Meaning and Purpose
Meaning as Impact
My wedding day was more meaningful than last Tuesday. Is the meaning of an event proportional to its impact?
My wedding impacted me much more than the caterers. It’s also true that my wedding was more meaningful to me than our caterers. Thus, the meaning of an event is relative.
My great grandfathers met my great grandmothers, and begot those that begot those that begot me. The moments of their meetings impacted me greatly, but I do not know anything about them, and they are not meaningful to me. Many great inventions and ideas impact me daily, but are not meaningful to me. Thus, meaning must not be synonymous with impact. Meaning derives from our memories, and the impact of these memories.
Meaning is recursively derived. For example, the meaning in my relationship with my wife is derived from the meaning of many days spent together.
Meaning as Purpose
Purpose is the reason for which something exists. “Humanity’s chief purpose is to glorify God, and to enjoy him forever.” The purpose of a jar is to decorate or contain. The purpose of my trip to the country was to enjoy nature.
Purpose is a relation between a creator and the created.
When someone asks “what is my purpose,” it may mean “for what purpose was I created?” or it may mean “what purpose should be behind the collective actions of my life?” In the first case, God is the creator and the person is the created. In the second case the person is the creator and their actions are created.
Meaning and a Creator
If we are created we may find meaning in the fulfillment of our creator’s purpose.
Or we may not—a Sumerian, who believes they were created to supply beer and bread to the gods, may find the endless sacrifices meaningless.
Alternately, there may be a creator, yet we may not have any purpose—perhaps we are agents in a simulation, and we evolved by chance and our universe is entertainment for higher beings who are largely indifferent to our existence.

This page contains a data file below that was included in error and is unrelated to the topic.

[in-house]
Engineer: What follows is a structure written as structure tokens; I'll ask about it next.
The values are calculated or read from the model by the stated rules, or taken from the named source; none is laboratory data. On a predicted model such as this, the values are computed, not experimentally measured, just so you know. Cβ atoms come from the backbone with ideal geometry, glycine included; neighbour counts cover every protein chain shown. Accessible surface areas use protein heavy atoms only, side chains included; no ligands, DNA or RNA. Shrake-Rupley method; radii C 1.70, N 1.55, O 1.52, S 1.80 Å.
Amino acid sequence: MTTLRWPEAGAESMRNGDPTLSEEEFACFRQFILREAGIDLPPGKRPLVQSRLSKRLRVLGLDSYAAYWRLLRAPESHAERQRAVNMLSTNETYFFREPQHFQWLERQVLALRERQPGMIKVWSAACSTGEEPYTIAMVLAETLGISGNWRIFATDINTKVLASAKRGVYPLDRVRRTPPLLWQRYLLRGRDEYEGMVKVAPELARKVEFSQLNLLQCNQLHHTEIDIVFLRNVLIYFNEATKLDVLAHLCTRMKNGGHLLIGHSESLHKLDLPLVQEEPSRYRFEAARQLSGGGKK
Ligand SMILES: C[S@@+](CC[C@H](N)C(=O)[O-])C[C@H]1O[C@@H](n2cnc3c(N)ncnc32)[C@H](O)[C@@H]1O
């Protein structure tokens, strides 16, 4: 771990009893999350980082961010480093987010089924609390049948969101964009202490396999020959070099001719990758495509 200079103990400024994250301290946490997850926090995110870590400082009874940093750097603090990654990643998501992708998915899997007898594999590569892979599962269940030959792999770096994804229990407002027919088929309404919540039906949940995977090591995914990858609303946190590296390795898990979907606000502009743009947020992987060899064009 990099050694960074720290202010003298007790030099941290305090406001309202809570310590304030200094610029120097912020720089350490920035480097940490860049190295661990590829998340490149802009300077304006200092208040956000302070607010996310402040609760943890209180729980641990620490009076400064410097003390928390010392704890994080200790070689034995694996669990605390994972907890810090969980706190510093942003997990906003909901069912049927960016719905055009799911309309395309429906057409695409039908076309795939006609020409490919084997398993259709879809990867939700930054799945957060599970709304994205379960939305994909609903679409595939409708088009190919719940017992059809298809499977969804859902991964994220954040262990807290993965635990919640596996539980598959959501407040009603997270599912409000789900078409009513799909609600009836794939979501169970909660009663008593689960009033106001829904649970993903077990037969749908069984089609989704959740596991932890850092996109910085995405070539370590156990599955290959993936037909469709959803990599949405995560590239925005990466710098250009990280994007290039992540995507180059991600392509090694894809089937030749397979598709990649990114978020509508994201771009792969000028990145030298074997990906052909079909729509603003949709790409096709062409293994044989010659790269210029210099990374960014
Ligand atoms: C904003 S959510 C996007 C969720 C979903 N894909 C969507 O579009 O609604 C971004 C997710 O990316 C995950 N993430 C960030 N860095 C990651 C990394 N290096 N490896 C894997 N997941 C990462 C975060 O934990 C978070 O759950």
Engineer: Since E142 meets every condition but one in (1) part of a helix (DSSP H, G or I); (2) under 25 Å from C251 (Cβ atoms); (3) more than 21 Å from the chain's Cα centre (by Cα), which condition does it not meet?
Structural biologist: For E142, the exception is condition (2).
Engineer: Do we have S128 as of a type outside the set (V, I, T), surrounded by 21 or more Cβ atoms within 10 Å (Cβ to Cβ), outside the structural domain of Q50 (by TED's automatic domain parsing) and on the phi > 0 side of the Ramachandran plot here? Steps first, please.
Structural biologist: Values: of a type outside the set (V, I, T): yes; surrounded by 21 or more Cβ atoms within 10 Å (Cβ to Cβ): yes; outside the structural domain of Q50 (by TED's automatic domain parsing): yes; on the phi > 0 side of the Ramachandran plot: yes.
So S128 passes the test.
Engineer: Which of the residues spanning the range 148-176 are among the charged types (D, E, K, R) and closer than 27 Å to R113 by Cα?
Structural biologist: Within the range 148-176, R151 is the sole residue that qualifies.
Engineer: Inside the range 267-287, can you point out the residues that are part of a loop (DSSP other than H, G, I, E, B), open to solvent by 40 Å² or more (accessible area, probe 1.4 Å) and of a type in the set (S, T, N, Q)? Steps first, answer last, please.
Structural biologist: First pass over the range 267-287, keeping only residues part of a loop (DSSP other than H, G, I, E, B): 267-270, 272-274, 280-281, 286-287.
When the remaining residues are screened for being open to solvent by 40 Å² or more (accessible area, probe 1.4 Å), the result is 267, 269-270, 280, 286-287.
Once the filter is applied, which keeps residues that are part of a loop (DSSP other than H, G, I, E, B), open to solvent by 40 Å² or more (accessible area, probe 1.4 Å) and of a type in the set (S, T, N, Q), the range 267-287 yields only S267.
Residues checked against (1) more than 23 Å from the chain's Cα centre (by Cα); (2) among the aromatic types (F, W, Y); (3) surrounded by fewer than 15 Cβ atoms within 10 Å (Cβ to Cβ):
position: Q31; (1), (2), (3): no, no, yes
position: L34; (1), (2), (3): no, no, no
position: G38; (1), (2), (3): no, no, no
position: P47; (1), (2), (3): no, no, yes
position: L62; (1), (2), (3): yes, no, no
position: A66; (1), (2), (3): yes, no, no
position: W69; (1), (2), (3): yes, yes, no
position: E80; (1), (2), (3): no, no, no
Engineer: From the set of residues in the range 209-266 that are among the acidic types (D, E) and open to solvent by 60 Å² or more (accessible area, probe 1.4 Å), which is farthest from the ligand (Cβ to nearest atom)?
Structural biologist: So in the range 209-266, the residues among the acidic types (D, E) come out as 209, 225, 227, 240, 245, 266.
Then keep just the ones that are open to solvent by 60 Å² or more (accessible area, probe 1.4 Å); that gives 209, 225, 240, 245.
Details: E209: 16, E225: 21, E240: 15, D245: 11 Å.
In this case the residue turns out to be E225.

Meaning and the Finite
Can there be meaning in the finite? If all conscious existence will be snuffed out by entropy, can our lives have lasting meaning?
For most of us, lasting meaning requires our existence to have a lasting impact. We may die, but our contributions, ideas, art, writing, or offspring will not. Three thousand years pass, and Achilles is still famous, but eventually all memory of Achilles will be lost. Will his striving become meaningless?
When faced with our finite existence, we can only find meaning outside of time. Any effect of us having existed may be gone, but we still did exist. We lived our best life. We loved our best, and contributed what we could. We appreciated the beauty of the universe, and that will never change.
Meaning and the Infinite
The longer one lives, the less significant any particular day or event becomes. Our first trip abroad is more meaningful than the tenth.
If meaning originates from significance, then the infinite is the enemy of meaning. In this way, meaning may be squeezed out by the infinite. Alternately, one may say that all meaning comes from the finite; our lives are valuable because they are short.
If we lived forever, would our existence become meaningless? Perhaps not because our minds would remain finite and forgetful.
If God knows all possible universes, then can anything be meaningful to them?